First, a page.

Sacramento, CA — In a landmark bill that has many rolling their eyes and others nodding vigorously in approval, California has introduced a new measure to automatically open the doors of public restrooms after five minutes of use. This latest decree, straight from the  desk of Governor Gavin Newsom, aims to combat what he calls “restroom hogging” and improve the “efficiency of public bathroom utilization across the state.”

In his address during the signing ceremony, Governor Newsom, adorned with the usual fanfare and a few toilet paper streamers for good measure, remarked, “This is about making California more accessible for everyone. Imagine the decreased wait times at concerts, beaches, and our beloved state fairs!”

Critics, however, whisper that it might just be the most “California thing” ever, a bizarre overstep in regulation from a state already famous for legislating just about everything under the sun.

Public Restroom Efficiency and Anti-Congestion Act (PREACA)
Bill Number: AB-1123:

“In an effort to maximize the efficiency of public restroom utilities and to ensure the equitable distribution of access thereto, it shall be mandated that all public restroom doors equipped with occupancy-engaged locks will, after a period not exceeding 300 seconds from the time of engagement, automatically disengage, thereby returning to an unsecured state. This mechanism ensures that no single user may monopolize vital public amenities. It is further decreed that such automation will serve as a catalyst for expedited personal routines and foster a spirit of prompt public cooperation and hygiene consciousness. This Act shall be known colloquially as ‘The Five Minute Freshen Up Law’.”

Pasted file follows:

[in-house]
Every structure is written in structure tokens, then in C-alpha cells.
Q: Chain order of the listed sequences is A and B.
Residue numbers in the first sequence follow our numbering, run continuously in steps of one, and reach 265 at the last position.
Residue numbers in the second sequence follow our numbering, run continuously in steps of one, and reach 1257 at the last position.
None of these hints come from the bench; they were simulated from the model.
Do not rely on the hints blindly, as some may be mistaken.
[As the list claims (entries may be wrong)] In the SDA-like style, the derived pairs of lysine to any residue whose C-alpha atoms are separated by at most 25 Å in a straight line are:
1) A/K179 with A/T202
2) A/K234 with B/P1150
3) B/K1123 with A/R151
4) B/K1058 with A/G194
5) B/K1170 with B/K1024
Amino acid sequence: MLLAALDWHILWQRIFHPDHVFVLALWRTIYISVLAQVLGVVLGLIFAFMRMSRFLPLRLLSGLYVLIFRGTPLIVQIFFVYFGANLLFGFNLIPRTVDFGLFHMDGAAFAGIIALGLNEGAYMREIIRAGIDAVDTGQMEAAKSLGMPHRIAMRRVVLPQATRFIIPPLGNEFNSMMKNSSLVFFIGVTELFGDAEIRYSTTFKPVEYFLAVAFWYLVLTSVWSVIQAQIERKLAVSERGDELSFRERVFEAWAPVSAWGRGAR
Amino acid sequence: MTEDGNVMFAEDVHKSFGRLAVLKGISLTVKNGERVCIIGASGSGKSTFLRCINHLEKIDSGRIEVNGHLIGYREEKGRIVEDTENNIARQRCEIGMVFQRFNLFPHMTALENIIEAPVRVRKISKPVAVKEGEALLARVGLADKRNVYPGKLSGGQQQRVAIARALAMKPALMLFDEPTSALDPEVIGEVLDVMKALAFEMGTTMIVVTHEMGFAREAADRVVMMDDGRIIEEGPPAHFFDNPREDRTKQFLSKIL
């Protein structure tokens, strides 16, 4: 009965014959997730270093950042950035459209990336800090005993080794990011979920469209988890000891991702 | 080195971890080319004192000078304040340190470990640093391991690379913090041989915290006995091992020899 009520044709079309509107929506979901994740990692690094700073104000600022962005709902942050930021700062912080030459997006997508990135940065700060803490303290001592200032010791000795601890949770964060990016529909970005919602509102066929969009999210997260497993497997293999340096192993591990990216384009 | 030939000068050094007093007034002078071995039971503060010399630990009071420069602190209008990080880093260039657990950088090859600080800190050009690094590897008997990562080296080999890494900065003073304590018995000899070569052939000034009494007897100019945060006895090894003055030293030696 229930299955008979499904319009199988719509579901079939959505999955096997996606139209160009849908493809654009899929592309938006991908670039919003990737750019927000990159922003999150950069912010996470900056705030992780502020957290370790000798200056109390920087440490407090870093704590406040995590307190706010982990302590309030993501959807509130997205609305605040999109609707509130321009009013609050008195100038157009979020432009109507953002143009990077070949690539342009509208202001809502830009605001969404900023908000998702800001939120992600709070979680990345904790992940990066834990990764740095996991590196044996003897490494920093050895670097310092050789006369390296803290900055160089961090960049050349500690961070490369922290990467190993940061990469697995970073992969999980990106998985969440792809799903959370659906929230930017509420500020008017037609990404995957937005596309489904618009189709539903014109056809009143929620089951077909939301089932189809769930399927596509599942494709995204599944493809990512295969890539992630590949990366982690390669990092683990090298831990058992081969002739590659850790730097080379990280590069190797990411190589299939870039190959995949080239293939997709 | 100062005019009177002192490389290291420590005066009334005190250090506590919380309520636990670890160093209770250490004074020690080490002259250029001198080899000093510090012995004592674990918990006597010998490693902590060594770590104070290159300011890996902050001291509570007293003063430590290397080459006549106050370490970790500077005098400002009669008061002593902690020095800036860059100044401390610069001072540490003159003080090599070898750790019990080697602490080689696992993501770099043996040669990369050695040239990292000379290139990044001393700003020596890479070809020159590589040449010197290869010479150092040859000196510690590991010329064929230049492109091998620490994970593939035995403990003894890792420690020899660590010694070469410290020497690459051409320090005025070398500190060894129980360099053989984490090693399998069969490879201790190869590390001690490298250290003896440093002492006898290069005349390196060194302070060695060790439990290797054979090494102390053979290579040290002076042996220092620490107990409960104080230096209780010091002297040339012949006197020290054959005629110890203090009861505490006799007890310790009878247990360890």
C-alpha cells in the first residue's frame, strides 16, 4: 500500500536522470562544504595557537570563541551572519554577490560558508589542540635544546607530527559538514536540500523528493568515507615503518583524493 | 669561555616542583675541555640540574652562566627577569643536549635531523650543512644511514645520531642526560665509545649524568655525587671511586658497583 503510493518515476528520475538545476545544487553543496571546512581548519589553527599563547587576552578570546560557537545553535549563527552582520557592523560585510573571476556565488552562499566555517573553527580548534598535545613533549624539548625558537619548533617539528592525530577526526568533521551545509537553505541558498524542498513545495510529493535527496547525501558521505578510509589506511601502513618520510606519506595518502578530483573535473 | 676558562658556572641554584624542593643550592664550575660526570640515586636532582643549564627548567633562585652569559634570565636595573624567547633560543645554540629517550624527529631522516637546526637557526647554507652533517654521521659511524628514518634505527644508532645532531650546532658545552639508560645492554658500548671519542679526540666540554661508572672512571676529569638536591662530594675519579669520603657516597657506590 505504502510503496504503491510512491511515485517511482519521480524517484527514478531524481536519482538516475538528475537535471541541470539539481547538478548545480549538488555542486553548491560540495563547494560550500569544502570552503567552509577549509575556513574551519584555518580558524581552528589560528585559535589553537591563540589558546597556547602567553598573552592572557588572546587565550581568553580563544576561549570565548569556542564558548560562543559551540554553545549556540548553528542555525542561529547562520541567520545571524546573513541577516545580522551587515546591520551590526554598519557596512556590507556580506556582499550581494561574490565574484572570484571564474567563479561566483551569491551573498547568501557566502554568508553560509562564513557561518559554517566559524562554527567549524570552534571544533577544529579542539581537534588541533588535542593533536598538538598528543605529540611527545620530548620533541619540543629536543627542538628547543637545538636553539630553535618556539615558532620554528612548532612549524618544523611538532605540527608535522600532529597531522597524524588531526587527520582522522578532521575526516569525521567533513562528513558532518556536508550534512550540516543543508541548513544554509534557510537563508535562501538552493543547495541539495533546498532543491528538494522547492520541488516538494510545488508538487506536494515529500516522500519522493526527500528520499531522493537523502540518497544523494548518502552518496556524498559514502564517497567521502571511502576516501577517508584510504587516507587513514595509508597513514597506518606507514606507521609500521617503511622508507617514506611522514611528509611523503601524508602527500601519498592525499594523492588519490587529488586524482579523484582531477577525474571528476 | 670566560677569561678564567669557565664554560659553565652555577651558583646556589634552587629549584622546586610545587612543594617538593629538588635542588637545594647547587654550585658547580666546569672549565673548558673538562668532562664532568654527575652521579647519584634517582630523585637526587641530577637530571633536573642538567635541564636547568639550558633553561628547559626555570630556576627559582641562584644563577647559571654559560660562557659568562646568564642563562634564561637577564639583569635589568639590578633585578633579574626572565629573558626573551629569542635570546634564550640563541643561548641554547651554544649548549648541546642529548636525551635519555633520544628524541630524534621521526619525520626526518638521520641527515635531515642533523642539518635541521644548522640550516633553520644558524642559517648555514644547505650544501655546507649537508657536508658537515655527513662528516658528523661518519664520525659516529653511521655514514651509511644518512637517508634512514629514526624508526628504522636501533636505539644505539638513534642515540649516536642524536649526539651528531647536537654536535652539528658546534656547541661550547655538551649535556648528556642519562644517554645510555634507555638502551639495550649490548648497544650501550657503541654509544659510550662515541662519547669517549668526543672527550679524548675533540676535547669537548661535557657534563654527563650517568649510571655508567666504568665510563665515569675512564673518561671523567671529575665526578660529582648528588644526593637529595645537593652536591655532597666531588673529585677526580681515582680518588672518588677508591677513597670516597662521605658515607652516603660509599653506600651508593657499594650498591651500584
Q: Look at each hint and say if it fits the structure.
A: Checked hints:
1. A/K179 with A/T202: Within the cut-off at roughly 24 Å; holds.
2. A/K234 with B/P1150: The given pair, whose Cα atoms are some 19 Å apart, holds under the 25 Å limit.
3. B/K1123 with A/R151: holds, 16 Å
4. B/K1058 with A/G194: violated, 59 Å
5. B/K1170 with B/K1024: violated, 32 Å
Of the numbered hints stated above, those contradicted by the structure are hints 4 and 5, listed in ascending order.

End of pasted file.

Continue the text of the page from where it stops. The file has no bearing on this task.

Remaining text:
The bill, enthusiastically sponsored by Assemblymember Lois Greenly—known for her previous legislative gems like mandatory solar panels on dog houses—explained, “It’s a simple matter of public policy efficiency intersecting with the need for environmental sustainability. Less time in the restroom equals less water and electricity use, right?”

All California public restrooms must have a timer automatically opening the door after 5 minutes.

The public response has been as varied as the state’s landscapes. In downtown Sacramento, Karen Filcher, a local barista, expressed her support.

“It’s fantastic! Those bathroom campers won’t ruin my quick coffee break anymore.” On the other hand, Bob Gruff, a truck driver, shared a different view while adjusting his baseball cap: “What’s next? Timers on our toilet paper roll?”

Among the more unforeseen outcomes of this new law is its impact on the homeless community. While advocates argue it unfairly targets those who often rely on public restrooms for basic needs, some residents see it as a necessary push. A self-described “concerned taxpayer,” Mike Hammer commented, “It’s about time. Maybe now our public places will stop being makeshift homes.”

While the bill intends to streamline and perhaps sanitize public restroom usage, critics argue it opens up a new set of problems—quite literally. Imagine, they say, being mid-sprint to the finish line when the stall door swings open. The bill has left the door open for many unintended, albeit eye-opening, consequences.